Mandela: A Long Walk To Freedom

It’s unsure whether it was chance, timing, or simply fate that made the Justin Chadwick movie come out so shortly after Nelson Mandela’s death. What’s certain though, is that it couldn’t have happened at a better time. Those who wished to celebrate his life could do so; and those who didn’t know anything about him could take a crash course in South African history.


Based on Mandela’s eponymous autobiography, the movie follows young Nelson (Idris Elba) as he grows from a young non-political lawyer who likes girls and parties, to a man who sees the suffering his people are going through and decides it’s time to change. And that one man is never enough.

The movie brilliantly depicts the changes within Mandela: joining the ANC and promoting a non-violent approach to changing the law, then having to embrace violence because there is no other way to be seen and heard; his often difficult relationships with wives and children; and finally his 27 years of imprisonment.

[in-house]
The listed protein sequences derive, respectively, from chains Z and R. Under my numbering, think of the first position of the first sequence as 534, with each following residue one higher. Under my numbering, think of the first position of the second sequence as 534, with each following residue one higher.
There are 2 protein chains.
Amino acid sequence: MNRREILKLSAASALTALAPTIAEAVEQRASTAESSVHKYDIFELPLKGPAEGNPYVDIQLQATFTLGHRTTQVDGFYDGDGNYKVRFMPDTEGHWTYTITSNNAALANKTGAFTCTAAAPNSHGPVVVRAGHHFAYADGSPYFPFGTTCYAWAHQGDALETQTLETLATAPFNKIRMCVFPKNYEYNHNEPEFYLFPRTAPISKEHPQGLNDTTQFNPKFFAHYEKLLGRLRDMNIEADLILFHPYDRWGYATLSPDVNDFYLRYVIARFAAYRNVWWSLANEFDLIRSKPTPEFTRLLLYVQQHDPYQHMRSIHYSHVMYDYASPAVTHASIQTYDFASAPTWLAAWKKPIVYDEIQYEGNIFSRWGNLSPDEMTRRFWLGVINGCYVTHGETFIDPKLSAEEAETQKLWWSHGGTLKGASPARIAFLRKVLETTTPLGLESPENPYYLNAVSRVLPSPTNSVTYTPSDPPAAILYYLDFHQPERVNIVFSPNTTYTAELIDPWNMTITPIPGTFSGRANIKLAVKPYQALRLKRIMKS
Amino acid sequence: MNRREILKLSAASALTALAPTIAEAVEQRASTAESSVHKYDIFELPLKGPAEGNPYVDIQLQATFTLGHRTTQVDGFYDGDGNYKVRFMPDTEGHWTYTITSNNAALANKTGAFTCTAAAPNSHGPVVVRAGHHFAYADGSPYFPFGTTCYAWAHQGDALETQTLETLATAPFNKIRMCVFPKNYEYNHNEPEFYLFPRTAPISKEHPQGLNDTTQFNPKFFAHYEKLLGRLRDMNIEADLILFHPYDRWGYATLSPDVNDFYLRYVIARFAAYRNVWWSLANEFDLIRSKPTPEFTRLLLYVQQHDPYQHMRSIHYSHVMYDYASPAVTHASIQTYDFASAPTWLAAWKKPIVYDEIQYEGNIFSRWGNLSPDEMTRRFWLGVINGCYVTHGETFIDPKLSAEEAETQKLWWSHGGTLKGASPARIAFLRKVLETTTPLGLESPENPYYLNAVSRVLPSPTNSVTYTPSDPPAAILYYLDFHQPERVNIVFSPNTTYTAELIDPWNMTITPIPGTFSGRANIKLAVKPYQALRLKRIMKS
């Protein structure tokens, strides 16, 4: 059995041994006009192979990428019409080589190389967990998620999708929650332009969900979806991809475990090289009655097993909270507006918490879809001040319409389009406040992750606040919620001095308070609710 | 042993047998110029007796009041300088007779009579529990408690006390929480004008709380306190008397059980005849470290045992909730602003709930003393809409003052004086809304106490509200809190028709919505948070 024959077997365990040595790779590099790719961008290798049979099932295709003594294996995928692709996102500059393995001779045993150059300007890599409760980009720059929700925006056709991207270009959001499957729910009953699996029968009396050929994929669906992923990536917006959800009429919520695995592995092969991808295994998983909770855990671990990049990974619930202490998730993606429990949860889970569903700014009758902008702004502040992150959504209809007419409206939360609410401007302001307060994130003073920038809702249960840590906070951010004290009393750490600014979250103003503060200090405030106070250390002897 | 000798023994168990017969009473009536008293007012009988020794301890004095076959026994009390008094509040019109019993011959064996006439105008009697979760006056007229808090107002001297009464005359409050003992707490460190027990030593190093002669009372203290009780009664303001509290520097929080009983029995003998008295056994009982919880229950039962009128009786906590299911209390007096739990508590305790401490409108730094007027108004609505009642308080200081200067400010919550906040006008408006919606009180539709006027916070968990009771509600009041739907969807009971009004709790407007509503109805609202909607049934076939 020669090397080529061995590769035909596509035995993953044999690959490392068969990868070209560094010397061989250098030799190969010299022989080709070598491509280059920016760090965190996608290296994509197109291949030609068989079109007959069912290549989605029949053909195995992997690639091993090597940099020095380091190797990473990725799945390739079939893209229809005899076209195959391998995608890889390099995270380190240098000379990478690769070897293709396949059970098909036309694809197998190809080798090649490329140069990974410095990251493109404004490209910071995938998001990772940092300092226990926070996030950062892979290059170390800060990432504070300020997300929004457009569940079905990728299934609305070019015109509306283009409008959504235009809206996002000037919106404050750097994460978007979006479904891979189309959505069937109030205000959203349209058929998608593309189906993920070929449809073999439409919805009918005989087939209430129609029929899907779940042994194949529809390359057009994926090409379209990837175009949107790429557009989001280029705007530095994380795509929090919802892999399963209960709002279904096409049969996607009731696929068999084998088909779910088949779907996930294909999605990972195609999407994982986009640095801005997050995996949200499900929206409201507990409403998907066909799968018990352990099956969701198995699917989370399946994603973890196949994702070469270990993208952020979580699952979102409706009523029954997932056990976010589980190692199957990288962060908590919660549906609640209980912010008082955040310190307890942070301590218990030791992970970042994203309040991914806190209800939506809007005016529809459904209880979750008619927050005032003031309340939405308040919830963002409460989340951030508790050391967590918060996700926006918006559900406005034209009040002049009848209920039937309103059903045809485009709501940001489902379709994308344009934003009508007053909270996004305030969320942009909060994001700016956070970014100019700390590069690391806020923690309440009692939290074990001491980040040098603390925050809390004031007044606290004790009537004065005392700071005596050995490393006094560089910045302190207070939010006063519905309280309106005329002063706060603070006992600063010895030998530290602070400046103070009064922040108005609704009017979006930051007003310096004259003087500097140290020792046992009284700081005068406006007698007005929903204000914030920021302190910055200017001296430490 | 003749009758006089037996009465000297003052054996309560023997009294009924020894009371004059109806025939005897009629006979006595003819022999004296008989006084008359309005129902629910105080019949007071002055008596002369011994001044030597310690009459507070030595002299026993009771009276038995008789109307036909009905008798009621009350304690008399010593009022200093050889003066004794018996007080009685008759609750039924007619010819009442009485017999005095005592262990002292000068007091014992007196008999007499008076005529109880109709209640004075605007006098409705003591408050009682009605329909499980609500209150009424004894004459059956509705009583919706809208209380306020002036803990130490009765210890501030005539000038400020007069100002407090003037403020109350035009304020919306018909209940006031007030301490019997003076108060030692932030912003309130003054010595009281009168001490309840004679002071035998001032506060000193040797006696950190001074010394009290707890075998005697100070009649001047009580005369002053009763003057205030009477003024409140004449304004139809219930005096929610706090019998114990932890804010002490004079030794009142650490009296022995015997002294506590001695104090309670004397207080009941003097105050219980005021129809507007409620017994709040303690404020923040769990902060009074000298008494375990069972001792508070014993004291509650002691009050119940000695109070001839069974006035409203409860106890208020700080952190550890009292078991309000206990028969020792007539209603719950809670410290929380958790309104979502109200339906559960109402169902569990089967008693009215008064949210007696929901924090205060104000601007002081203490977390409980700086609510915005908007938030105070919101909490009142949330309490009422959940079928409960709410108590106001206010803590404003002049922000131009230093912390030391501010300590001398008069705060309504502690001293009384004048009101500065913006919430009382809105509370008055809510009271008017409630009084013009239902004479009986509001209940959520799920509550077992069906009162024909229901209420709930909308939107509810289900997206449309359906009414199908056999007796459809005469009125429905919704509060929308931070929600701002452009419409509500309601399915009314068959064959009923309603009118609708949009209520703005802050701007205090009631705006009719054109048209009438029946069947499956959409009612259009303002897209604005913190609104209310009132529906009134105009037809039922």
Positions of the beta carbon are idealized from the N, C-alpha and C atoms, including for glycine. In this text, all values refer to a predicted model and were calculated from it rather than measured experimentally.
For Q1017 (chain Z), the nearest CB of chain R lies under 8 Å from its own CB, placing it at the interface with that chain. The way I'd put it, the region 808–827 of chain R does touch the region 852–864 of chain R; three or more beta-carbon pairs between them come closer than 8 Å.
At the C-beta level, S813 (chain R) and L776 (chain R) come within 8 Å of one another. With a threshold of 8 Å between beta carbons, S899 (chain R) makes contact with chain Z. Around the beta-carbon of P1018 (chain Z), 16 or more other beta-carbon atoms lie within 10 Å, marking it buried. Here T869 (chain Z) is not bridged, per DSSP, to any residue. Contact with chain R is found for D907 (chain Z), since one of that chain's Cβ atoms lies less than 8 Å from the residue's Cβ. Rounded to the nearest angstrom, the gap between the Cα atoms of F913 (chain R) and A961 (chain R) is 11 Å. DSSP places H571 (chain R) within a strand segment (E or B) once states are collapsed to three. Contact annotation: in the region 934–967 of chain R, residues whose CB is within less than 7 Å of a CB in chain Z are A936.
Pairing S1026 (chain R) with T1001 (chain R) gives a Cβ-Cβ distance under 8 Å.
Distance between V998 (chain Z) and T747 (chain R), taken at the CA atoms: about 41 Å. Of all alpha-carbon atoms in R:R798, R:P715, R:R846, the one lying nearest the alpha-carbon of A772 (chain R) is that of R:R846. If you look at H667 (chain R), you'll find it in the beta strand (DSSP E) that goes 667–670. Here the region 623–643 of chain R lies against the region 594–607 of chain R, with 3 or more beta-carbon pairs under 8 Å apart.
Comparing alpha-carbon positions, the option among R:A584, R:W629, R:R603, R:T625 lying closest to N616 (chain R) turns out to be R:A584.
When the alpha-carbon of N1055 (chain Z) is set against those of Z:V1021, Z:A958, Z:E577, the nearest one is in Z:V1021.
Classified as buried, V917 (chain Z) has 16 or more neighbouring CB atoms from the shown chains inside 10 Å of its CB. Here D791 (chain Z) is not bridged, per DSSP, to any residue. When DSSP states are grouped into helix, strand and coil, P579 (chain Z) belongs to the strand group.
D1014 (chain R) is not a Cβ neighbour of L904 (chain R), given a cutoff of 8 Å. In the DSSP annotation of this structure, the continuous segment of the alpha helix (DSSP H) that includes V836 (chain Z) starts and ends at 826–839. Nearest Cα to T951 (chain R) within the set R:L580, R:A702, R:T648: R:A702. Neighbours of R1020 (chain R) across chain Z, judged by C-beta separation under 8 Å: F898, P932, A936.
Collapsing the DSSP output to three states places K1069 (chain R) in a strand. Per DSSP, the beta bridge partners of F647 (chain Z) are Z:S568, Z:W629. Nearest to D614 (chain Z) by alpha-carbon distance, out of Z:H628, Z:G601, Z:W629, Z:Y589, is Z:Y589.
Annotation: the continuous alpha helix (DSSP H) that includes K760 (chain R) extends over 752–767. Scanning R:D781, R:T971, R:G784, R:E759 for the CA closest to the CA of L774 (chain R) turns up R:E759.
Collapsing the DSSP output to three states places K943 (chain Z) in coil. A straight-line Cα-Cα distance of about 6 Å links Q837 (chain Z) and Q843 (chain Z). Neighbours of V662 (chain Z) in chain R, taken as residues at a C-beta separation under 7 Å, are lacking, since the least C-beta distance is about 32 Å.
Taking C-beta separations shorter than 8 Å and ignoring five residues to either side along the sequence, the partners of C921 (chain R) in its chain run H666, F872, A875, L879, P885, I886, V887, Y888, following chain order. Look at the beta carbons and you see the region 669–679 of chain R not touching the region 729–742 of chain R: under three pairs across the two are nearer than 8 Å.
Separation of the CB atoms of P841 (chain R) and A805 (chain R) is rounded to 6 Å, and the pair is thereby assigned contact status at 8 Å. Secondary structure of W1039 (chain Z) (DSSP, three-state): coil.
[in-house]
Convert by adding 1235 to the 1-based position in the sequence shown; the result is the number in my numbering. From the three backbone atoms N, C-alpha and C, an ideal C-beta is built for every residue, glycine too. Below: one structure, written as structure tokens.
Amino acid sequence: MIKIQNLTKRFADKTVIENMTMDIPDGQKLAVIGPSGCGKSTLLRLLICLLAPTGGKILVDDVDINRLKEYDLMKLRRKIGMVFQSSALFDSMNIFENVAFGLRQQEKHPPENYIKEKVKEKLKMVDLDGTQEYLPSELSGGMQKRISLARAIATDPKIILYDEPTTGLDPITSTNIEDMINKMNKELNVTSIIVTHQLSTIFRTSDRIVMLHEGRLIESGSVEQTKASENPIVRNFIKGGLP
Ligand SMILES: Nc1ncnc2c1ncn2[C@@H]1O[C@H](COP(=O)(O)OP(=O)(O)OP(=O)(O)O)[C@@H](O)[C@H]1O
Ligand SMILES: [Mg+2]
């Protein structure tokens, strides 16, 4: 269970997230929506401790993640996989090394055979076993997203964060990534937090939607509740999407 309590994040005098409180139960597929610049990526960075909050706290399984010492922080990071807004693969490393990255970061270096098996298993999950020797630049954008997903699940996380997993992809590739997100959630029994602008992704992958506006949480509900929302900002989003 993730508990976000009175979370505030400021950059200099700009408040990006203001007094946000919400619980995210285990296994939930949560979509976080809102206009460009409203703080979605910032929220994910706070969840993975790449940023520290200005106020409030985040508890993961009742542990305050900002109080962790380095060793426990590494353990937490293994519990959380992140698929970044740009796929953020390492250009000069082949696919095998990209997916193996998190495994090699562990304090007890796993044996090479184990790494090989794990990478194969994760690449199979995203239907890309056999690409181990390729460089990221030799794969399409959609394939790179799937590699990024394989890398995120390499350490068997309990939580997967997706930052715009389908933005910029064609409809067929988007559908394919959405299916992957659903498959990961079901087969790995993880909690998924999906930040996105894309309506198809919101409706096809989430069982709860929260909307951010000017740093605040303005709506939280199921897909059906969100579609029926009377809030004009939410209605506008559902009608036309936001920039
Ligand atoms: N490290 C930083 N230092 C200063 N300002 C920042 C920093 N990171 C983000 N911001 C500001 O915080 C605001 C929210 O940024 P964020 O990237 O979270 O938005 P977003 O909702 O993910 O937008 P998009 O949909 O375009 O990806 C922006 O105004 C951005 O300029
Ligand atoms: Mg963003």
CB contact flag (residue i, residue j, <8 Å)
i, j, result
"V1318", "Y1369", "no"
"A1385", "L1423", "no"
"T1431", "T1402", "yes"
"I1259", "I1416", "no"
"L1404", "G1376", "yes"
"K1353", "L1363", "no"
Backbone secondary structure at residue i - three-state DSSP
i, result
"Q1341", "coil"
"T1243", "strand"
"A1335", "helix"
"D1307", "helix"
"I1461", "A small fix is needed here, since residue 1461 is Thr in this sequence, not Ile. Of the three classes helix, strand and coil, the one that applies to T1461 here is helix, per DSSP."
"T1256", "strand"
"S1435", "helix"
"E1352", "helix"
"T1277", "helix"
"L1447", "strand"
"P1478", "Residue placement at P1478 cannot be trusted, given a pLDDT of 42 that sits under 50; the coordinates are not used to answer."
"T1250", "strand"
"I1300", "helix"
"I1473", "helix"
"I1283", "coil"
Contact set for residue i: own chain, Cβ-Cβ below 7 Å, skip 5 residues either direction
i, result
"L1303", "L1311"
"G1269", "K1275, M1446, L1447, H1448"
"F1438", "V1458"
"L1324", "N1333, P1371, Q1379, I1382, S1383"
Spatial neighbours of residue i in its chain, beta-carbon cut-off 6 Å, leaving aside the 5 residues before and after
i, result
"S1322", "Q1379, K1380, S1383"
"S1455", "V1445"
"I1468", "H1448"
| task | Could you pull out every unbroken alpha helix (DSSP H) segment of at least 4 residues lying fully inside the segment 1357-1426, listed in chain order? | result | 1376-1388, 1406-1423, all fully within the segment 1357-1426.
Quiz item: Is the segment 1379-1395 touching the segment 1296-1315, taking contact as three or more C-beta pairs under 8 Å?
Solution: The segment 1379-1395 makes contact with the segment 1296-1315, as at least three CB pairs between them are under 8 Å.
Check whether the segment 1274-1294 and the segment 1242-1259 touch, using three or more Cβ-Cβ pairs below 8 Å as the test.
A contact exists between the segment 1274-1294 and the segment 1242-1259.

And while Mandela was willing to die for his ideals and beliefs, he brilliantly managed to listen to both sides and to try and unify this country he loved so much when becoming president.

Idris Elba, beloved British actor, spent months learning Mandela’s accents and mannerisms. He also inspired himself from his father, whom he often associated with an example to follow. Naomie Harris (known for Pirates of the Caribbean – you’ll recognise the accent before the face) plays a powerful and sometimes scary Winnie.

If you’re still unsure about whether you’d like to sit through someone’s entire life, I’m leaving you with this quote, taken from Mandela’s original memoir and used in the movie:

“No one is born hating another person because of the color of his skin, or his background, or his religion. People must learn to hate, and if they can learn to hate, they can be taught to love, for love comes more naturally to the human heart than its opposite.”



Pictures from:,,

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